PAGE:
Thursday, February 4, 2016
The New Mexico Lesson
Sometimes the lack of clarity causes the judicial branch to interpret legislative acts inconsistently with legislative desire, so the legislature steps in (after, of course, political pressure applied by representatives of the concerned constituency - lobbyists) to correct erroneous judicial interpretations, and sometimes the legislature just succumbs to the desires of powerful interests, rightly or wrongly.
New Mexico is a great present day example of those concepts in action, with a bill recently introduced to eliminate marijuana as a medical obligation under workers' compensation, but another seeking constitutional legitimacy of the state's long tradition of exempting ranching and farming from compulsory work injury protection.
The NM House of Representatives passed a bill that would allow workers' compensation judges to reduce indemnity benefits when a worker's intoxication contributed to the accident causing an injury.
And the House Judiciary Committee passed a bill that would prohibit workers fired for misconduct after returning to work post injury from collecting temporary disability benefits. The committee also heard testimony on a measure that would eliminate reimbursement for medical marijuana.
In addition, a bill introduced in the Senate on Monday seeks to refine the exemption of certain farm and ranch workers from comp coverage.
All four bills – and their three Senate companion measures – were introduced in response to NM state court decisions.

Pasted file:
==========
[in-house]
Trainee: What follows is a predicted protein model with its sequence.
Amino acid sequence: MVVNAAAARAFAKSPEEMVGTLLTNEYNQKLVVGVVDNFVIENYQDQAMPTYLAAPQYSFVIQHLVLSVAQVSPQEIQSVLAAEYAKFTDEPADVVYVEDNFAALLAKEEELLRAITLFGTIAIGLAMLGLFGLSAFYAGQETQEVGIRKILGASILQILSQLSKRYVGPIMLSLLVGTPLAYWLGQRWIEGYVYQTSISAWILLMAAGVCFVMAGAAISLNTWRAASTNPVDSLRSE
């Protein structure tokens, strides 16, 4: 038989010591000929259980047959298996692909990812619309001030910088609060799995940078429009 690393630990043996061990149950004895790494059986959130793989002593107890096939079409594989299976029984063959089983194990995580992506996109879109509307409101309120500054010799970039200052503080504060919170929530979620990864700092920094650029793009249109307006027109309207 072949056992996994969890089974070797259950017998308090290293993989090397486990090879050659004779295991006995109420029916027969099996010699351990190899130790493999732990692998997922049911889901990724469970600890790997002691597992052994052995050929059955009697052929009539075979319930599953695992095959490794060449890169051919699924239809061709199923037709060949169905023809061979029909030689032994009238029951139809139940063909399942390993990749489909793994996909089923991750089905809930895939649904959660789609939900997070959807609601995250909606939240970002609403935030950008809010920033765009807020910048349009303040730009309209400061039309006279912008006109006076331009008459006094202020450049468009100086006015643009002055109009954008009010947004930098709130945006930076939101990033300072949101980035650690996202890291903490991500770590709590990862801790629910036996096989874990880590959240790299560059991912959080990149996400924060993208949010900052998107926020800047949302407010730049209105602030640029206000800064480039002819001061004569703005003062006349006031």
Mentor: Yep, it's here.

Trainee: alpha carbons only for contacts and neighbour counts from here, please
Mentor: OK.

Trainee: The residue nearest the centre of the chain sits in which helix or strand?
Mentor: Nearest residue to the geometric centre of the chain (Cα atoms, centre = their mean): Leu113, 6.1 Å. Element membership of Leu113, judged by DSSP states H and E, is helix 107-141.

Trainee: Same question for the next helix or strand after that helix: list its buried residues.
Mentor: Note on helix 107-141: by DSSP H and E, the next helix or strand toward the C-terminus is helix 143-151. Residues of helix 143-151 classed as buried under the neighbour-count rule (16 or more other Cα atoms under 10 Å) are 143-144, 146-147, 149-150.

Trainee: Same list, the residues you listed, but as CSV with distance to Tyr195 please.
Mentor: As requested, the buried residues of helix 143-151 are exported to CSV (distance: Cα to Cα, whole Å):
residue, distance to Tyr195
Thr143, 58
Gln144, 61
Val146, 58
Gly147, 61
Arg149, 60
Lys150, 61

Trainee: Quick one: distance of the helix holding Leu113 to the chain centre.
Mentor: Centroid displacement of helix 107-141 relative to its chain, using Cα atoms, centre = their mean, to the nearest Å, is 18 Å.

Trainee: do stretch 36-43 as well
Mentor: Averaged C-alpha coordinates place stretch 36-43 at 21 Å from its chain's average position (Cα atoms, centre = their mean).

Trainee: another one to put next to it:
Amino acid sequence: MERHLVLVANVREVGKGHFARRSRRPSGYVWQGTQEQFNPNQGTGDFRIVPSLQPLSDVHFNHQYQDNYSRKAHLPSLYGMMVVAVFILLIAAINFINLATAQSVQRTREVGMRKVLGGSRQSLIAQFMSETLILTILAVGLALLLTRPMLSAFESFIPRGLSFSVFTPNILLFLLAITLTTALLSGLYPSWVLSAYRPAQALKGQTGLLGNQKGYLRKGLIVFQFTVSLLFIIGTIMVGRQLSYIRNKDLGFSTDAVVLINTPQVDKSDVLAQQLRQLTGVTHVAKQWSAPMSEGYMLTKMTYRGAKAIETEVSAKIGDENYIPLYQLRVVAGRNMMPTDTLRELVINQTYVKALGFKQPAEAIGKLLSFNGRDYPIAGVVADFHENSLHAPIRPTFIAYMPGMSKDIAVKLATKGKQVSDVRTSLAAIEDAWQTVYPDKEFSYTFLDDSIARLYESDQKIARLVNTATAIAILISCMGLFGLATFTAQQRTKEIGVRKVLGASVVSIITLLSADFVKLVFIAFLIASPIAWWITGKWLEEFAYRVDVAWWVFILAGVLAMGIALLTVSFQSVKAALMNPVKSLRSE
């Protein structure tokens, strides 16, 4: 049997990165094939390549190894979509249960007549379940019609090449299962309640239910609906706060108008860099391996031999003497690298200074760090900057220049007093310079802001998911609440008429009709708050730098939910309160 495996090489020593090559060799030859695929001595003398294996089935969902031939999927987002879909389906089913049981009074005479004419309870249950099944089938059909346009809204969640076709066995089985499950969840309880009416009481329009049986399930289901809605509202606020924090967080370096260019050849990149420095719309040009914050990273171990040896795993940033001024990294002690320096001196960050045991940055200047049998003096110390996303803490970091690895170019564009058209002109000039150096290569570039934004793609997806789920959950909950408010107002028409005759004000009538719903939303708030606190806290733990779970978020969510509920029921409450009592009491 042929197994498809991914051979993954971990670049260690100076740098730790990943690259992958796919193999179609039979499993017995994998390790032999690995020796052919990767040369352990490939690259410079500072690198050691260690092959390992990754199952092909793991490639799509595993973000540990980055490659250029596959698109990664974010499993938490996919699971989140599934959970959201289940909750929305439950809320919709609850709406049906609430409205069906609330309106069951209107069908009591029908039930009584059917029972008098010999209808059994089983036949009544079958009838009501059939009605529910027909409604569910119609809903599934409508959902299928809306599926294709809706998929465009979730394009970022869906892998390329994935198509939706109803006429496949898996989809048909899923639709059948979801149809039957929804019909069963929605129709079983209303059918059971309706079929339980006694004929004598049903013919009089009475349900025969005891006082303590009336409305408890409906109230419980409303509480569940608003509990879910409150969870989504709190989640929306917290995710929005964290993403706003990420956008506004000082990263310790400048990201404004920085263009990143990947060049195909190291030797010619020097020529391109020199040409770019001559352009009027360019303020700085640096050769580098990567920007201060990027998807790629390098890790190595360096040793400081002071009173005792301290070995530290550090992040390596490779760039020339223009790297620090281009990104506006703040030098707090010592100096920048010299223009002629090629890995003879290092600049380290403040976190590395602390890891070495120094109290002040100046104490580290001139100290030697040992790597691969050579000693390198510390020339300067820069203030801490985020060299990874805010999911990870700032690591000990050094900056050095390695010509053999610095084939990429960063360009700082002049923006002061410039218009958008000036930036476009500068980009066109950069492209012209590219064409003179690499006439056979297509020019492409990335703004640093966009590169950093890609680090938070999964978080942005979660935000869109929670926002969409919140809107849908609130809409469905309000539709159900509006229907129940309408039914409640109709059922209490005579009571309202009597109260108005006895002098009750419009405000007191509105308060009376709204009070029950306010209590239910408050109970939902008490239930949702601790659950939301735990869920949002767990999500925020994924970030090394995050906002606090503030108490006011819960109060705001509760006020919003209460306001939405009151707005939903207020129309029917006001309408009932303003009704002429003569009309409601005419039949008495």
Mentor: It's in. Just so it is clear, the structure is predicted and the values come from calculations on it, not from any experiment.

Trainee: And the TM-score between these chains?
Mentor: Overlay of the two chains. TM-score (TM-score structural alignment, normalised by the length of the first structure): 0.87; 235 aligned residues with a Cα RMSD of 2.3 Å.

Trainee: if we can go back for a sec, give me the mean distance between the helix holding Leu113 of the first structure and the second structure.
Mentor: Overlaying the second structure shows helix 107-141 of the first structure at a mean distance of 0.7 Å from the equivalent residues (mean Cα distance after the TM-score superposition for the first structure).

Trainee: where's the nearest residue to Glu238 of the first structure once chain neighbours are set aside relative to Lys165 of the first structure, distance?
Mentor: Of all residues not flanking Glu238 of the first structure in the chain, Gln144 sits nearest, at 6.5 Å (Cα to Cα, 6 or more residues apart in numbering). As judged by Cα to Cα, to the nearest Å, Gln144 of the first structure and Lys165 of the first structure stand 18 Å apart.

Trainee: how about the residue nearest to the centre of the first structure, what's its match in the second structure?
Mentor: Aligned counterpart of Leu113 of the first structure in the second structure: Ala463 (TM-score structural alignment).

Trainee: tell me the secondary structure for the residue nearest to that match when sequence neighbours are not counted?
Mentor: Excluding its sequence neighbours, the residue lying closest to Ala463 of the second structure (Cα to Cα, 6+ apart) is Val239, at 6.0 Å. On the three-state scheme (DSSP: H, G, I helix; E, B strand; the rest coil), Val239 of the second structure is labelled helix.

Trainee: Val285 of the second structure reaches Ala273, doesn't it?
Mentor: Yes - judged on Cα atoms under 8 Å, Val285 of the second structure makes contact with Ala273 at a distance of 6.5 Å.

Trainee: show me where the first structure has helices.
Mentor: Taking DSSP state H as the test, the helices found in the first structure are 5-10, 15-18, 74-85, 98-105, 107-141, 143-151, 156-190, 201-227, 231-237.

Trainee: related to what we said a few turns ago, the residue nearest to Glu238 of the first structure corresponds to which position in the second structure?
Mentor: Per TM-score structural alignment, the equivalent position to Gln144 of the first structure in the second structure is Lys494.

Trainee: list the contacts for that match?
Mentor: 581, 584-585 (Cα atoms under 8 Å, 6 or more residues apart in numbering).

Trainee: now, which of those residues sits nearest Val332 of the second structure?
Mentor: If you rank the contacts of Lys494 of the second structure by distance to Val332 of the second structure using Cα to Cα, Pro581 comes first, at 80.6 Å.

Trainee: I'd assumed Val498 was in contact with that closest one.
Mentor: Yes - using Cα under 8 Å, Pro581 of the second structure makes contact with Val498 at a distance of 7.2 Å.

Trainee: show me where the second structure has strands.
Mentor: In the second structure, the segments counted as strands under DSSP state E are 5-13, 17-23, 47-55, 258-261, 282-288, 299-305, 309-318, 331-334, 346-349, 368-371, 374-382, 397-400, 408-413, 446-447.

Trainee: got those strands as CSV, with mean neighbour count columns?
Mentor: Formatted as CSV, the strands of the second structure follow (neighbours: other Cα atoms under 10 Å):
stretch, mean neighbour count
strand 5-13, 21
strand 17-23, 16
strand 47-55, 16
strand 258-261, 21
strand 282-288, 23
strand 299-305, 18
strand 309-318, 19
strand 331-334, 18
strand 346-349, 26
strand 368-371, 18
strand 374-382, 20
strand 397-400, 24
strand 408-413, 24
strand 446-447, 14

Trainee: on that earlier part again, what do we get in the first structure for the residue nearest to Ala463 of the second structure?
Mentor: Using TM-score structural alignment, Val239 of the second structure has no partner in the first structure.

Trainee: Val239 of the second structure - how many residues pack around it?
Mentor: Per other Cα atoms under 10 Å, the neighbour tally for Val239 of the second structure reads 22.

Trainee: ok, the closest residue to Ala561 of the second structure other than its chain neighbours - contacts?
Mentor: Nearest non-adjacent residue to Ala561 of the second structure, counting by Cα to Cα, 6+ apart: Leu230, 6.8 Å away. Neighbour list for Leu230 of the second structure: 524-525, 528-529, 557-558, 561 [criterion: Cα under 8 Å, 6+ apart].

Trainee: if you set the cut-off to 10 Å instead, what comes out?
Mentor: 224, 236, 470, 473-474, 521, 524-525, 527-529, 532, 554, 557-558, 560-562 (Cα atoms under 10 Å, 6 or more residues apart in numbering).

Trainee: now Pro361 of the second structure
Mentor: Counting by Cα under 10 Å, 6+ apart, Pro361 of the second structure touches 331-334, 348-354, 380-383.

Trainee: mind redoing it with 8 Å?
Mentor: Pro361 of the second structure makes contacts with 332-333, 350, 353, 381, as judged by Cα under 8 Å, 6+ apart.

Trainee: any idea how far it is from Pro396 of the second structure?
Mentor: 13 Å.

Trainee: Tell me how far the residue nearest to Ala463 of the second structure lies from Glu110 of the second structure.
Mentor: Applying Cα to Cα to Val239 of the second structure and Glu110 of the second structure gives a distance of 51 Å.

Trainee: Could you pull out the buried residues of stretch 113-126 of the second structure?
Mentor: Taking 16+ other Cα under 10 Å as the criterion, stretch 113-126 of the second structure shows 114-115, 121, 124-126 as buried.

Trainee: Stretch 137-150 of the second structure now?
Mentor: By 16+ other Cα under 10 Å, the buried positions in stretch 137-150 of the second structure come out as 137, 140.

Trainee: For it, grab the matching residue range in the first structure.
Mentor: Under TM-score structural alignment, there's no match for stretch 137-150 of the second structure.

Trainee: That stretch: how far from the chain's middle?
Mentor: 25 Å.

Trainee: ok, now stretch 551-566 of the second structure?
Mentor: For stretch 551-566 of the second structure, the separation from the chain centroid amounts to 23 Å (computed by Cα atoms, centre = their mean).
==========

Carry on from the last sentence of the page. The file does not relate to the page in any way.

The state's medical marijuana conflict is well known in the industry. NM courts found pot to be a medically reimbursable item since it is otherwise legal in the state. The insurance industry objects because it forces them to violate federal law. Advocates say much more powerful, addicting medications that have less efficacy for certain conditions are legal, so weed, which is less harmful and purportedly more effective, should be reimbursed if workers' compensation is truly a compassionate system.
Less well known is New Mexico's farm and ranch exemption. The argument for the exemption is that the day laborers used in these operations are transient so it is difficult for farmers and ranchers to discern just where an injury originated. The counter argument is that it doesn't really matter - the purpose of insurance, and in particular workers' compensation, is to spread the risk among a large pool, so while THAT injury may not be your responsibility, eventually your injury will be someone else's responsibility; it all goes around.
Many states have laws punishing intoxication when it leads to a work injury. This may invite some litigation, but the public interest is to ensure that if someone is doing their job they aren't compromised by drugs or alcohol. In other words, don't go to work buzzed - this makes sense
I can't imagine the logic, though, of discontinuing temporary disability benefits if there's "misconduct" after return to work and a termination as a result. To me, this is just inviting employer abuse.
The New Mexico Legislature is scheduled to adjourn Feb. 18. At least we won't have to wait long to see where all this goes.